Andy Goldsworthy: Stone House (Bonnington) 2009
“Layers are evidence of time and change. The peeling back of one layer to expose another makes me aware of what lies below my feet. It is difficult to believe that something so strong and powerful can be so hidden whilst being so close. At Bonnington, I have excavated an area of bedrock about six metres by eight metres, upon which I have built a Stone House. Containing the bedrock inside a house accentuates the sense of revelation of the stone floor.
Houses are usually places of security, shelter and comfort for people. There is something unnerving about entering a building in which nature is the occupant. These houses become a forum in which the nature of the place and human nature meet. I want people to look into the land – not out of the building.”
Andy Goldsworthy is a British sculptor, photographer and environmentalist. He was born in 1956. He was brought up on the Harrogate side of Leeds in the green belt. Here he took on work as a farm labourer as a schoolboy and said that the repetitive nature of the work informed his future art. He studied Fine Art at Bradford College of Art from 1974 to 1975 and then at Preston Polytechnic from 1975 to 1978. He now lives in Dumfriesshire and travels the world undertaking commissions and creating works.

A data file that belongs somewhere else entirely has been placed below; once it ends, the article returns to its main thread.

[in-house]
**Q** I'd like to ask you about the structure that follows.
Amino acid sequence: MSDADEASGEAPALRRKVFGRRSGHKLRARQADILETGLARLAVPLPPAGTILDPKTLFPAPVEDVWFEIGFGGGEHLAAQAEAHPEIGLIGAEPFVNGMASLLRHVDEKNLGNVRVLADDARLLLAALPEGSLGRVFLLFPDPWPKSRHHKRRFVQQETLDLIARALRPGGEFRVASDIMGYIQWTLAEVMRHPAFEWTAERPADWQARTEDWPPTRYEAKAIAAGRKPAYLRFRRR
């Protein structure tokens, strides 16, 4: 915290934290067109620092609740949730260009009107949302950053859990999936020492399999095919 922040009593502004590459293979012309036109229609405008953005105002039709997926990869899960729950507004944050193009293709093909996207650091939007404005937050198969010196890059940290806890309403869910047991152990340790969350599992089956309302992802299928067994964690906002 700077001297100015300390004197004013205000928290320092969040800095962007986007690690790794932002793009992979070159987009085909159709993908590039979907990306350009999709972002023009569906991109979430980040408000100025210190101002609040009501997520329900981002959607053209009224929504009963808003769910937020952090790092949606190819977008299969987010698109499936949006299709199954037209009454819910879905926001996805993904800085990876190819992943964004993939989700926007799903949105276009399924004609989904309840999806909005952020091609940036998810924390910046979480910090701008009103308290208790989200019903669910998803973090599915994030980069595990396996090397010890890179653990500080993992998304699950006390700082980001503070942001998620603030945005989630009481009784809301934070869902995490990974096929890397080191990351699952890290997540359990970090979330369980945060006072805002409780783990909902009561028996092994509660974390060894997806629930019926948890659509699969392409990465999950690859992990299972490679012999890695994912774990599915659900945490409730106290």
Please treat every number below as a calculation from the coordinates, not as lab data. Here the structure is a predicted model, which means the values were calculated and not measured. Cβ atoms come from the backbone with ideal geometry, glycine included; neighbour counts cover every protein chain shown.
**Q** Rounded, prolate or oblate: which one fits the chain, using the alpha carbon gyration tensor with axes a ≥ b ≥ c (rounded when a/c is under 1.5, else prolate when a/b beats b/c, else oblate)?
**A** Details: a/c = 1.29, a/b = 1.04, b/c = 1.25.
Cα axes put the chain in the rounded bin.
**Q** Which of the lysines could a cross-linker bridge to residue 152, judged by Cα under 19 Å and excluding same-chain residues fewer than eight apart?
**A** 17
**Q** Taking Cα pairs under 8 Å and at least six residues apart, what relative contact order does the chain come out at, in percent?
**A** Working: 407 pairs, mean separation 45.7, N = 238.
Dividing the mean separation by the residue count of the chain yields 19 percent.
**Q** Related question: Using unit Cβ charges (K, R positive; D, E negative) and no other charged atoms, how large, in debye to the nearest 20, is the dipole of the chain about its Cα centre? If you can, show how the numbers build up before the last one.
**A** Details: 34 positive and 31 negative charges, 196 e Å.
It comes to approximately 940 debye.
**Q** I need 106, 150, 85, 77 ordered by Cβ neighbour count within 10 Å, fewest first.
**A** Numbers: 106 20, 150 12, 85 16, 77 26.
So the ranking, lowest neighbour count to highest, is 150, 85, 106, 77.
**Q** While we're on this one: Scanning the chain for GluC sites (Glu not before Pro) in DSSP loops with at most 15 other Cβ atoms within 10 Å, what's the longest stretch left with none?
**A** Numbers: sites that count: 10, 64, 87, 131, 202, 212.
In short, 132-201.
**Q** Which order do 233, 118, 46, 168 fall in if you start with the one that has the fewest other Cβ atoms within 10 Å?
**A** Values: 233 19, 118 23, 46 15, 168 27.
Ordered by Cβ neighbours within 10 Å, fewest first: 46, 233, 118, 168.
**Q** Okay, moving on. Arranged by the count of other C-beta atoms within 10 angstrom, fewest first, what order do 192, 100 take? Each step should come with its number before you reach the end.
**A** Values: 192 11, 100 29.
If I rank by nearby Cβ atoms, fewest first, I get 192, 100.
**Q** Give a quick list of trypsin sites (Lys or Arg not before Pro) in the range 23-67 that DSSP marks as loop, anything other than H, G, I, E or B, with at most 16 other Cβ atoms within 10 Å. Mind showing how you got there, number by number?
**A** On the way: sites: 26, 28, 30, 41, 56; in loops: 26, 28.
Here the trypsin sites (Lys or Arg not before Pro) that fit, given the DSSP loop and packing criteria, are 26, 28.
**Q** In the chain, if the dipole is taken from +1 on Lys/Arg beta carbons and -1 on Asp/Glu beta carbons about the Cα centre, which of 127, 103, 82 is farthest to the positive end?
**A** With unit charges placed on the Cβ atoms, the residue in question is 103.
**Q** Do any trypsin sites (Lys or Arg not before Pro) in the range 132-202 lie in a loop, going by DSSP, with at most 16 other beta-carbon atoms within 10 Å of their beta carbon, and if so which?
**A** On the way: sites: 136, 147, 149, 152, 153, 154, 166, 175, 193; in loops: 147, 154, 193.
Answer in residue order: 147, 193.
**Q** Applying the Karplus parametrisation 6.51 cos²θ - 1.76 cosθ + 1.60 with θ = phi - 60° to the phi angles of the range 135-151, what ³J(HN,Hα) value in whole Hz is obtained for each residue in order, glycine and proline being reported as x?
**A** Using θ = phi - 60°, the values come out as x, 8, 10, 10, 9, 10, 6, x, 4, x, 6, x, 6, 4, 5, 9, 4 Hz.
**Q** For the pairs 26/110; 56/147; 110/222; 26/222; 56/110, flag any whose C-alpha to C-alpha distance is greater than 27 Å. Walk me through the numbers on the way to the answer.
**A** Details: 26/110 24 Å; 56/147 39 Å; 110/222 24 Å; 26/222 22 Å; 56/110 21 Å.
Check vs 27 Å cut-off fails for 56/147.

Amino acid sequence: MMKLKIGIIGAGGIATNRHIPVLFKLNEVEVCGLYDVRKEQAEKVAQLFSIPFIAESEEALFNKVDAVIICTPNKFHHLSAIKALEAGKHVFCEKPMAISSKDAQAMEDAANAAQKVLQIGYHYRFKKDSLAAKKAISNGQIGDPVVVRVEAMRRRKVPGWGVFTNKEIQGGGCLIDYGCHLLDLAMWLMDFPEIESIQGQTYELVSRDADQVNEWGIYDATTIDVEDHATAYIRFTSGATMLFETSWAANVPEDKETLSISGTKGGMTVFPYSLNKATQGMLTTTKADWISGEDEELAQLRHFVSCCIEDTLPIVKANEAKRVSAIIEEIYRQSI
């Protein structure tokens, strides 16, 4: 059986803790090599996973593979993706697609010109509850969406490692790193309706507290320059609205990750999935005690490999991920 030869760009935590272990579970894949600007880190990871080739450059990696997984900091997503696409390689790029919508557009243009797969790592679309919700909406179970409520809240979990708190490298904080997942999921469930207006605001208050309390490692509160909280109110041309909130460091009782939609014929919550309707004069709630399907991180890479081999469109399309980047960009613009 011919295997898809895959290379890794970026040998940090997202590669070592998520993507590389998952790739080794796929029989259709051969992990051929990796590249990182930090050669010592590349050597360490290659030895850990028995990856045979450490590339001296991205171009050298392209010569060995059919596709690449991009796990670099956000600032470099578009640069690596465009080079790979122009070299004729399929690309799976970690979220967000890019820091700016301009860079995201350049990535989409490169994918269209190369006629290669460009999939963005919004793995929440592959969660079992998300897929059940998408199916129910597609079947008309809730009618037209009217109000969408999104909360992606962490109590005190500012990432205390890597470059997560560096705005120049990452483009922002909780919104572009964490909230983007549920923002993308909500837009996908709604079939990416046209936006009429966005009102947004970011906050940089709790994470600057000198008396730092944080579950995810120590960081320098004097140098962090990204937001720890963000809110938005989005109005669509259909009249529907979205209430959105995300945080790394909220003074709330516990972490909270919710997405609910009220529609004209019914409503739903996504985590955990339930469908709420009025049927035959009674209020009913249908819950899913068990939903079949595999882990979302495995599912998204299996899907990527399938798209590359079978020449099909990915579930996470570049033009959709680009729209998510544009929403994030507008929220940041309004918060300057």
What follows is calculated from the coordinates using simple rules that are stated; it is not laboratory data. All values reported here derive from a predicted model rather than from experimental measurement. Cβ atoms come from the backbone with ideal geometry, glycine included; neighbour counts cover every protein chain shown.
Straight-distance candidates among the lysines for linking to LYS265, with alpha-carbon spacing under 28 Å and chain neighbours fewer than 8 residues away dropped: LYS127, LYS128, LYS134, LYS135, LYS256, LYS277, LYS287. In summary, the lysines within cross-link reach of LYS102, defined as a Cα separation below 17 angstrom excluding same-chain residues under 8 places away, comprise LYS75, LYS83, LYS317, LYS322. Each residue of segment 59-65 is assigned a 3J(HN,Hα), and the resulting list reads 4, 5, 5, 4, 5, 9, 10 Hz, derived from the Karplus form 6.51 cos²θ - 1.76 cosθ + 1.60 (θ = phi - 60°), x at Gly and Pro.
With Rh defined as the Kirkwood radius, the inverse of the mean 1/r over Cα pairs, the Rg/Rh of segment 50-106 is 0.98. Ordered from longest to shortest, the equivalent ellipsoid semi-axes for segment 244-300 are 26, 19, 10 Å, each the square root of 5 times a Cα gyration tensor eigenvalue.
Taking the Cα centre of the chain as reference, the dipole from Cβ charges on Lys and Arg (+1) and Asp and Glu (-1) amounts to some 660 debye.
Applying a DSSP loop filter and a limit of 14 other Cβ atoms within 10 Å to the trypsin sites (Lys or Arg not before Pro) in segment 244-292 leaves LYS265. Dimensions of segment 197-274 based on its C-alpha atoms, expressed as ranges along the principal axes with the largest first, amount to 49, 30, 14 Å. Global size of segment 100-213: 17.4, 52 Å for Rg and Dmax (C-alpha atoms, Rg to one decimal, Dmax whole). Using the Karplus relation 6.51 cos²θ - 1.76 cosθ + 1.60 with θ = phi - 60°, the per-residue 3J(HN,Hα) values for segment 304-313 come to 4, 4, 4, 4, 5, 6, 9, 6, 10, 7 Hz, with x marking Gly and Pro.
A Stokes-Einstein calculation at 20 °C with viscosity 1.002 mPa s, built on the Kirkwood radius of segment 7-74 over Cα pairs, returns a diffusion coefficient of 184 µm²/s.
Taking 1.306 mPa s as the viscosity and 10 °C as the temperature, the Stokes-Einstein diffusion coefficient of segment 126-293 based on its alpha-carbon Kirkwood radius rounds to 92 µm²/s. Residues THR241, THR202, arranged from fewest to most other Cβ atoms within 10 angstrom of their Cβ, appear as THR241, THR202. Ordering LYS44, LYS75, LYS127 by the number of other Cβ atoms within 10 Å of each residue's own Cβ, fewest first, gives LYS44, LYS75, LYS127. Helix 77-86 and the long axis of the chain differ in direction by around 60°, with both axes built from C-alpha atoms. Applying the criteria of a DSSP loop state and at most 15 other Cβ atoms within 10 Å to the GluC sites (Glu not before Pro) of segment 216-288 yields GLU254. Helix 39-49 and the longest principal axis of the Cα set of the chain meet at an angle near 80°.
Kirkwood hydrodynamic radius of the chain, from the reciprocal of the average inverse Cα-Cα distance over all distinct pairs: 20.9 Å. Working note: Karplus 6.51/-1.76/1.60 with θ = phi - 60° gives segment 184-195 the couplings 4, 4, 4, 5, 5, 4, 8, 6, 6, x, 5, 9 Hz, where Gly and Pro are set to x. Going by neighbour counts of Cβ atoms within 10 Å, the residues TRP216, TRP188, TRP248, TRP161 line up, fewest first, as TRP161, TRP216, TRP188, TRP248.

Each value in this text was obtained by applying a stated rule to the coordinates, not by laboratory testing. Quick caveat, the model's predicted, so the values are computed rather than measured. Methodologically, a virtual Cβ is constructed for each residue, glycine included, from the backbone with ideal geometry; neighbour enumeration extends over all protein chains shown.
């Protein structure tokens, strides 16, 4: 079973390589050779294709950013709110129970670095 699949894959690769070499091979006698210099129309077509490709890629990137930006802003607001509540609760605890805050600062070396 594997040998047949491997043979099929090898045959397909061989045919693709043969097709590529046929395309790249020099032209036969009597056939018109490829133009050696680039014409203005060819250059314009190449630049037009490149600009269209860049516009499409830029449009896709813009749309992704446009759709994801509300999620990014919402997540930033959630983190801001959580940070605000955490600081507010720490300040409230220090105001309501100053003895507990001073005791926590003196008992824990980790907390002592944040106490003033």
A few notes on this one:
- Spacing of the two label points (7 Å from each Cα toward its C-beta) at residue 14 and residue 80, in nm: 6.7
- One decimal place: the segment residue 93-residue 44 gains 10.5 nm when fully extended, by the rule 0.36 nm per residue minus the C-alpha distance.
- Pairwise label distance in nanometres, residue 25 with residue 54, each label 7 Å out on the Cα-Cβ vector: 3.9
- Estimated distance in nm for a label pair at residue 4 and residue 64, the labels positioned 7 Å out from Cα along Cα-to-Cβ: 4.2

Andy Goldsworthy produces site-specific sculpture and land art set in natural and rural settings. His art involves natural and found objects to create temporary and permanent sculptures that reflect the character of their environment. He is well known for his ephemeral pieces which are made from natural materials such as snow, ice, wood, flowers, leaves, sand, mud and twigs.